I also got to attend the Manitoba Provincial Expo (provincial fair) by chance, and enjoyed watching the horse shows. Part of the show was team wagon competitions, six and ten-horse hitches. Watching a ten-horse hitch back a large freight wagon in a straight line, then in an assigned curve, was impressive. Heck, ten Percherons or Belgians hitched to anything is impressive! I also heard the greatest carney-patter man, probably from Ireland or possibly Newfoundland, selling a sort of pulley thing. Talk about a master at work, I think half his customers bought the gizmos just for the privilege of having heard his spiel.

Not cardiologist approved.

Not cardiologist approved.

So this week was the Tri-State Fair. After work I changed into suitable clothes and went to the fairgrounds. The animal judging was meat goats, and I watched for a while, then watched the open round of the cutting horse competition. Early afternoon is pretty sparse, and the midway rides are not running yet, which suited me quite well. I looked at the portable buildings, watched little kids at the petting zoo, strolled through the exhibits at the 4-H building and admired the canned goods, the quilts, the Squash of Unusual Size and some tomatoes I really wanted to take home with me, looked at the photo and art contest winners and entries, and read all the ag displays. Then I checked out the food, got a small bag of German roasted cashews (sweet-glazed with cinnamon, still warm from the roaster. Evil, evil nuts.), and funnel cake, and frozen lemonade. There weren’t as many big displays, in part because the Tri-State Farm and Ranch Show, and the Working Ranch Rodeo, are large trade expos. But I had a great time, and it was neat to see so many things remain unchanged.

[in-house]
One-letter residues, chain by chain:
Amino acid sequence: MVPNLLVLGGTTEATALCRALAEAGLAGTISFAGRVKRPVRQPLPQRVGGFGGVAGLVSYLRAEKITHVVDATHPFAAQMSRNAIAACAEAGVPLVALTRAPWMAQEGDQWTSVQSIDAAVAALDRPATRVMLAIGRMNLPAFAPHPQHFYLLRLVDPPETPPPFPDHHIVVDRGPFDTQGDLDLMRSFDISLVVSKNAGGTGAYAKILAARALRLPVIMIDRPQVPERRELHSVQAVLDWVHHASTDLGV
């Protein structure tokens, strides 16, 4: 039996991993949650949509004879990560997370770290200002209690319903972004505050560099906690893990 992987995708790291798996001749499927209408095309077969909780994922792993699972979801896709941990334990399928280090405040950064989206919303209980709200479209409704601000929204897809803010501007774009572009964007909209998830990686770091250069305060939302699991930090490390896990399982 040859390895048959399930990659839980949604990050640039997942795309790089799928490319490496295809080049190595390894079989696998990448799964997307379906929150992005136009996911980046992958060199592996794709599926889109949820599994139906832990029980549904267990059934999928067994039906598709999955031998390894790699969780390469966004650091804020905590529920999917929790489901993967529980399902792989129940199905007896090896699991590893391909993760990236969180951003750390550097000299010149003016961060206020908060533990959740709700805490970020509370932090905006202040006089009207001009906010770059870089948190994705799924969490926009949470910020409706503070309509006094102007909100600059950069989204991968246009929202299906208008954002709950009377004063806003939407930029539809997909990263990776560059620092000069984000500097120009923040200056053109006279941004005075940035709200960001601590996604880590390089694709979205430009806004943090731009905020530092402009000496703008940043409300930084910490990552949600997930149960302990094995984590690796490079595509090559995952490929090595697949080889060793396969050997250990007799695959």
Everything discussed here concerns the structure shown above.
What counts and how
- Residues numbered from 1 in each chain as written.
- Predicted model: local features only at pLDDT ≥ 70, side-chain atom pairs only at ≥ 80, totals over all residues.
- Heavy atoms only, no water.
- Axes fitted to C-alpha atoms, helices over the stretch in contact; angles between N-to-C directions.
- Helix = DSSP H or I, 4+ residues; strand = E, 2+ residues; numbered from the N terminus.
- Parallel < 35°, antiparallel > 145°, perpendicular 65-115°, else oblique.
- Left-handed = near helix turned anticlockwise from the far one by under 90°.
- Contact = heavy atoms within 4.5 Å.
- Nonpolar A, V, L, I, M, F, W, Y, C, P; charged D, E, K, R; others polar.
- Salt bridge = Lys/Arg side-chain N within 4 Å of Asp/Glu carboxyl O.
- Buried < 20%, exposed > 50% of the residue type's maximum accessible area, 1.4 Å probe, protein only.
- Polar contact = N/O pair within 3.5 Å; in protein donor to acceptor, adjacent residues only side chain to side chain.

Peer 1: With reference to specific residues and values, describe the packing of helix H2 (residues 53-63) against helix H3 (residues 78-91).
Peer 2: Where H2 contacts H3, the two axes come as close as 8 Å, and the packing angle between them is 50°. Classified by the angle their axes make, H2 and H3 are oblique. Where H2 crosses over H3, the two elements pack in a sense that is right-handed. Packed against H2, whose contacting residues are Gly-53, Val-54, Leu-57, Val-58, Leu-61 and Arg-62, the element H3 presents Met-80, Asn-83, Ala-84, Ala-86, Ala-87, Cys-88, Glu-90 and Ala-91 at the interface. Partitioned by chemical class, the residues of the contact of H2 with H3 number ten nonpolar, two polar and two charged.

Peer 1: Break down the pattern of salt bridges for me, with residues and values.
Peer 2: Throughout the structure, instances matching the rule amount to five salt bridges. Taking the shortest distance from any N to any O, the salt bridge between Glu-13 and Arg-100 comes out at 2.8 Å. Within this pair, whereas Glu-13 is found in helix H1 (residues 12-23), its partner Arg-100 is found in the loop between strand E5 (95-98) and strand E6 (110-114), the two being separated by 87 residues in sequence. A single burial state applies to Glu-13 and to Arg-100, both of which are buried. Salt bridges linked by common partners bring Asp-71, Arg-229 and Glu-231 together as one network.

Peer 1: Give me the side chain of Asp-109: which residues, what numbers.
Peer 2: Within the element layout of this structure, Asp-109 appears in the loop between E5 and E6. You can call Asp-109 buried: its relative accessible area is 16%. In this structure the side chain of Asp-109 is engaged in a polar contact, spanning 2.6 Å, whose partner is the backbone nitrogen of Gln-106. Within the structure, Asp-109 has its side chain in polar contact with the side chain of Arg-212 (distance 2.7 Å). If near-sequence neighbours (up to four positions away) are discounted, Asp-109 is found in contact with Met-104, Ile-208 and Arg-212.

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7 thoughts on “Fair in the Air

  1. One of the fun things Jean and I did while we were stationed in England was to go to local fairs and “lace days” (Jean’s a bobbin lacemaker). Some of the things on display were absolutely amazing.

  2. ” Watching a ten-horse hitch back a large freight wagon in a straight line, then in an assigned curve, was impressive.”

    A gal I know married a guy who competes in draft horse shows and competitions. Now the travel all over the west going to those shows, and yes watching ten oversized horses back a wagon around a corner is very impressive.